FAIRBANKS, Alaska — An Auburn, Maine, man who was found guilty in the 1993 sexual assault and murder of an Alaska woman is challenging the constitutionality of how his identity was discovered through a relative’s DNA.

Steven H. Downs Androscoggin County Jail

Steven Harris Downs, 49, was sentenced two years ago to 75 years in prison — 67 years for murder and eight years for sexual assault — by a Fairbanks Superior Court judge after a three-week jury trial.

Downs’ court-appointed lawyer, Emily Jura of the Alaska Public Defender Agency, filed a 69-page brief May 17 outlining her three points of appeal.

First among them is that Downs never volunteered to give a sample of his DNA, and genetic genealogy databases were searched without a warrant.

The method by which Downs was identified as a suspect was a violation of his Fourth Amendment protection against unreasonable search and an infringement on his reasonable expectation of privacy, Jura wrote.

Downs’ lead trial lawyer, James Howaniec of Lewiston, Maine, first raised the DNA consent issue in a pretrial motion in an effort to keep that evidence from being shared with jurors.


The judge denied his motion.

Howaniec raised the issue again after Downs’ conviction.

Again, the judge rejected that argument.

Howaniec said Thursday that he expects Downs’ case could set a legal precedent.

“We think this is an issue that is going to work its way up to the U.S. Supreme Court,” Howaniec said.

Though Downs’ case isn’t the first time a defendant has been identified as a suspect through the genetic profile of a relative, most of those cases never went to trial.


That’s what happened in the case of the Golden State Killer, Joseph DeAngelo, who pleaded guilty to the murder of 13 people and the sexual assault of roughly 50 women in California during the 1970s and ’80s.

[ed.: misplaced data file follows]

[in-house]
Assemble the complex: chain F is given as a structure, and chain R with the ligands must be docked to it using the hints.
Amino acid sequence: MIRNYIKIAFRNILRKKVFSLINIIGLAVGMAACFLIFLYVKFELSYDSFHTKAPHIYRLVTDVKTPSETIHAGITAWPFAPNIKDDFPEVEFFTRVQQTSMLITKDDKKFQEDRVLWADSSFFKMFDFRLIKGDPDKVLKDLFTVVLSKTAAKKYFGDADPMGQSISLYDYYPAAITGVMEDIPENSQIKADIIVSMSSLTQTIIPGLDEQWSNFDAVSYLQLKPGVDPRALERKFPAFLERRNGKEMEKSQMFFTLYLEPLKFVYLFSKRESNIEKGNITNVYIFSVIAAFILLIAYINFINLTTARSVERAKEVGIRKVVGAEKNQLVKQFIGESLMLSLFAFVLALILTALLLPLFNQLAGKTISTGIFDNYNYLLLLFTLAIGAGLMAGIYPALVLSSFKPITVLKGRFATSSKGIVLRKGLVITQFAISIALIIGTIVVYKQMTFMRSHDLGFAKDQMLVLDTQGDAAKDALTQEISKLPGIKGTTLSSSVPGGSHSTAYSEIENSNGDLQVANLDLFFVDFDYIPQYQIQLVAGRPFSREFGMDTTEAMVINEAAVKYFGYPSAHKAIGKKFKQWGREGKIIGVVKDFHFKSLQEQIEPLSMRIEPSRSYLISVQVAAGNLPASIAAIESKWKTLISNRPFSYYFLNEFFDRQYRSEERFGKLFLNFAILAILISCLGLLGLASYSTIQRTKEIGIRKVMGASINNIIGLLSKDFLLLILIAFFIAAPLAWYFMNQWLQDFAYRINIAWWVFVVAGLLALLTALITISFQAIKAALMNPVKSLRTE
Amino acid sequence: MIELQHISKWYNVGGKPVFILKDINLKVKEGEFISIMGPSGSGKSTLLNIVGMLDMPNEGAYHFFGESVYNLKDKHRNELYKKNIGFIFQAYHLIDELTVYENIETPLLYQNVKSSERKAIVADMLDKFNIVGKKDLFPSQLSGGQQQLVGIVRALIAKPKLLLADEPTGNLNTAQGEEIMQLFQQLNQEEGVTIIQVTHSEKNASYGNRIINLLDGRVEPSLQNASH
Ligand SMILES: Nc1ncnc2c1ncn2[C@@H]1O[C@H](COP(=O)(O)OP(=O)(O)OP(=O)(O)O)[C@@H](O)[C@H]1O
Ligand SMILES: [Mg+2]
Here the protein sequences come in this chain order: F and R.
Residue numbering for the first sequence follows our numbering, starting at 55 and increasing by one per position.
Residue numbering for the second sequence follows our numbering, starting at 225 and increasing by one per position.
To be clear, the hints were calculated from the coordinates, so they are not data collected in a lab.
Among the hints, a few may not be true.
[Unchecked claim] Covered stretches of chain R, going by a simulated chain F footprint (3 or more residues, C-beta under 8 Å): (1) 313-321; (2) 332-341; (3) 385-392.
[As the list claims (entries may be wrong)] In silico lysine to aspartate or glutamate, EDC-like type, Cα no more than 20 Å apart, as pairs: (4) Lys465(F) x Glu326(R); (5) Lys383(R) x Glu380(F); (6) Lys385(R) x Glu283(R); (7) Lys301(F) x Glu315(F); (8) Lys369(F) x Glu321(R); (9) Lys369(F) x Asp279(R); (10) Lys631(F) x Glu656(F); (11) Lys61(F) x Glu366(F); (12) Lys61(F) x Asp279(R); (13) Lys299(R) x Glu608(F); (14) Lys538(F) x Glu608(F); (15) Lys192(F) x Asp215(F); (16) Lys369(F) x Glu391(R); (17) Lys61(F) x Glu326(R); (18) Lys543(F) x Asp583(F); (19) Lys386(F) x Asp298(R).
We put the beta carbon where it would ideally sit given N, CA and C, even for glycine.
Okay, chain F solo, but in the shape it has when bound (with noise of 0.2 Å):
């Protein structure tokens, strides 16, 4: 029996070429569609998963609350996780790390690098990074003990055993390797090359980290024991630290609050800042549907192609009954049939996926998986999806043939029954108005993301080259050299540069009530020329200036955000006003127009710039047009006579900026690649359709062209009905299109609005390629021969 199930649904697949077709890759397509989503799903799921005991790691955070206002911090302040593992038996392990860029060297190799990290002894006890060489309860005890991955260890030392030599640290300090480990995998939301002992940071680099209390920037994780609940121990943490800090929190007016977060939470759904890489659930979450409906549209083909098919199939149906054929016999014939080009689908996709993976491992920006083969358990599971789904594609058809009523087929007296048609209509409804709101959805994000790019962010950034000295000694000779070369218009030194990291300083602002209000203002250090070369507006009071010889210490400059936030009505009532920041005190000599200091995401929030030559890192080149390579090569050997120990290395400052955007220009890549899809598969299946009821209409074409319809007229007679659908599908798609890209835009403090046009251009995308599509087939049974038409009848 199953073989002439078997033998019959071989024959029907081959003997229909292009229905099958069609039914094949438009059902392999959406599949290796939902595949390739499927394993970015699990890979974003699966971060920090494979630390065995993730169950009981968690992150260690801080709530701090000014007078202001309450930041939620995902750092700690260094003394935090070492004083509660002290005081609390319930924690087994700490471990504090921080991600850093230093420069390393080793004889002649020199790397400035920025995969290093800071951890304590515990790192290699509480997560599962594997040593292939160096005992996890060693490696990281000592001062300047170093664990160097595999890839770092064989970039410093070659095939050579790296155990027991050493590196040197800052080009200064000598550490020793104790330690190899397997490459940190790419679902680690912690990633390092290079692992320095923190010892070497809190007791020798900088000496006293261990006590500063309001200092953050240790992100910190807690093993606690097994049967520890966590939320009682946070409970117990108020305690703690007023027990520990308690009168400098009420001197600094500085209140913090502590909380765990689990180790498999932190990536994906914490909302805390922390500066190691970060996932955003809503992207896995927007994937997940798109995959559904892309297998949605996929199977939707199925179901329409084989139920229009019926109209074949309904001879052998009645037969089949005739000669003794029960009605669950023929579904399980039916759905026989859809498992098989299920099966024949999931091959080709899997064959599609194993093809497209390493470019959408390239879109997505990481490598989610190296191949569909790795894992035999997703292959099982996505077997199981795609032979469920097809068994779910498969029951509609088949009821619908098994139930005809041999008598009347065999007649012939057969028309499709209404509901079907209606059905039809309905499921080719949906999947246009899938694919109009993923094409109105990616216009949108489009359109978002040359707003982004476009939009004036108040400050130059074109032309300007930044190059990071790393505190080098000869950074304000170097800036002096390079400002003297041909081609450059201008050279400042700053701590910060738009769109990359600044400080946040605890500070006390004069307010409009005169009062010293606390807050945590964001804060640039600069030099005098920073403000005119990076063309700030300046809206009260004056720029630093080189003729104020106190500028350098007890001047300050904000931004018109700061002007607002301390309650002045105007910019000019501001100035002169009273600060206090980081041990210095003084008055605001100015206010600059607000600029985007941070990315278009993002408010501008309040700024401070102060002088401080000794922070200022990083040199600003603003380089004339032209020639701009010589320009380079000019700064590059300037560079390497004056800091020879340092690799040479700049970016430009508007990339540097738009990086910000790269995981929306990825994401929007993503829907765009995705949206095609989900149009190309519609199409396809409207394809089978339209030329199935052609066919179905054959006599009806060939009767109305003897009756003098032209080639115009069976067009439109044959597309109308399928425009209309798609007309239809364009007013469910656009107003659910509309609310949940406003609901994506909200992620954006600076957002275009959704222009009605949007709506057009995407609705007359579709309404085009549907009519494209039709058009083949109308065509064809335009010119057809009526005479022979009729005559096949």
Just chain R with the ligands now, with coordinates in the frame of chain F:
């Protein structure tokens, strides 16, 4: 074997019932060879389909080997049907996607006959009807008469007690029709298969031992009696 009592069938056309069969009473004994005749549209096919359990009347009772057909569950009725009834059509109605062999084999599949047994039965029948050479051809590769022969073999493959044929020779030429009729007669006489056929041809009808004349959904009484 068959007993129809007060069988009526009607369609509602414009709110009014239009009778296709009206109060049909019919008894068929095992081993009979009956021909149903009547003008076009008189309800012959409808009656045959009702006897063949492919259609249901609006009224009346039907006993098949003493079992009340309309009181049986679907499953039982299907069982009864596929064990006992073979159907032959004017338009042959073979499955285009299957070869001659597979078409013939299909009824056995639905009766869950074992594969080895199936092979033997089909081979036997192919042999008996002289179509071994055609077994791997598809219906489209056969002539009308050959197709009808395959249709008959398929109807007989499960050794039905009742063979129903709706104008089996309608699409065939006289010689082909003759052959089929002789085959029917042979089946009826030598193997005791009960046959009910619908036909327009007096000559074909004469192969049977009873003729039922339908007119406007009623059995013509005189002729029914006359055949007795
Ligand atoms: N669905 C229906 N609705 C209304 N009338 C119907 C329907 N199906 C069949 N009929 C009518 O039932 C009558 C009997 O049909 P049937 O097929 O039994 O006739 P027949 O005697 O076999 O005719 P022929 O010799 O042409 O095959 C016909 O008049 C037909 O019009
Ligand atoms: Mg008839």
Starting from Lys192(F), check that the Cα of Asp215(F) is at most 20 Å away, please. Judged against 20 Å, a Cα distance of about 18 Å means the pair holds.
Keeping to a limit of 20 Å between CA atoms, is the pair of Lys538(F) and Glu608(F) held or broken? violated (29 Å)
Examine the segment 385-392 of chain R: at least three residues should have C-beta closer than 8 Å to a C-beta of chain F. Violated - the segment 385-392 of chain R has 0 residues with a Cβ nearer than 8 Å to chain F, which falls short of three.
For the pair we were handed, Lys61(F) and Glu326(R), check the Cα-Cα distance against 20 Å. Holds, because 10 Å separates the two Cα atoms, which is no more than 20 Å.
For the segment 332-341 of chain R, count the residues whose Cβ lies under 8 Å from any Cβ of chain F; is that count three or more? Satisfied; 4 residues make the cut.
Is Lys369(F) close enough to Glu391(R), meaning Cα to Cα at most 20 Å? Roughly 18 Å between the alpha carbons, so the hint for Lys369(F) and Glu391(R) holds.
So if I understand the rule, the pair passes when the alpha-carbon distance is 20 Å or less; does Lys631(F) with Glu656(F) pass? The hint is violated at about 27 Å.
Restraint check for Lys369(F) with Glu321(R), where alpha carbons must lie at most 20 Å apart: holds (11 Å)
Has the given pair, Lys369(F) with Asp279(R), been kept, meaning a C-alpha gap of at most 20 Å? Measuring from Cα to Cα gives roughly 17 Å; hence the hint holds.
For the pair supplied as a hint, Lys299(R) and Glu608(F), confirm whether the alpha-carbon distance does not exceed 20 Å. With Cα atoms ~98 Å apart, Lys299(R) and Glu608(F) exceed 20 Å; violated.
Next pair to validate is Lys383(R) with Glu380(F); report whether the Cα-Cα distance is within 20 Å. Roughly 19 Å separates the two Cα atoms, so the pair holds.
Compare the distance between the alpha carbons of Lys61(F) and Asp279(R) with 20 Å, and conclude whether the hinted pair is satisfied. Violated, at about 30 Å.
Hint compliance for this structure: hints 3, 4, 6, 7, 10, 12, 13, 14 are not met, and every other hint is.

If the Alaska Court of Appeals were to rule in favor of Downs, his case would be dismissed, Howaniec said


“It’s an interesting confluence of the law and science and how it’s ever-evolving,” Howaniec said.

At issue is the manner in which police matched Downs to DNA that was collected in the form of a swab of a minute amount of semen found inside the body of Sophie Sergie, 20, of Pitkas Point, Alaska, whose cause of death was determined to be a .22-caliber gunshot to the back of her head.

Sergie, who had previously been a student at University of Alaska Fairbanks, had returned for a dental appointment and she had been visiting friends on campus.

Her body was found on April 26, 1993, in the bathtub area of the women’s bathroom on the second floor of Bartlett Hall at the school.


Downs was a freshman at that time, living on the third floor of that dormitory.


Alaska State Police had sent that DNA evidence, along with DNA evidence collected from the scenes of cold cases, to a DNA testing company which, in turn, sent it to Parabon NanoLabs in Virginia in an effort to create a profile of the murder suspect.

The genetic information derived by Parabon from the crime scene DNA evidence was then provided to a Florida company called GEDmatch, which uses DNA information submitted by subscribers of genealogy DNA testing services, such as Ancestry.com, who give their permission for their DNA profiles to be used by GEDmatch and shared with law enforcement to create a database from which overlapping DNA profiles can be determined.

GEDmatch returned results that identified anyone in their database who shared significant amounts of DNA with the unknown sample given to Parabon by Alaska State Police.

That’s how the DNA sample provided to the commercial genealogy website by Downs’ aunt eventually pointed to him, through genetic genealogy analysis.


Howaniec noted Thursday that one of the co-founders of GEDmatch had testified at Downs’ suppression hearing in 2021 that “it was never their intention when they founded the company that this evidence would be accessed by law enforcement and used as part of forensic investigations.”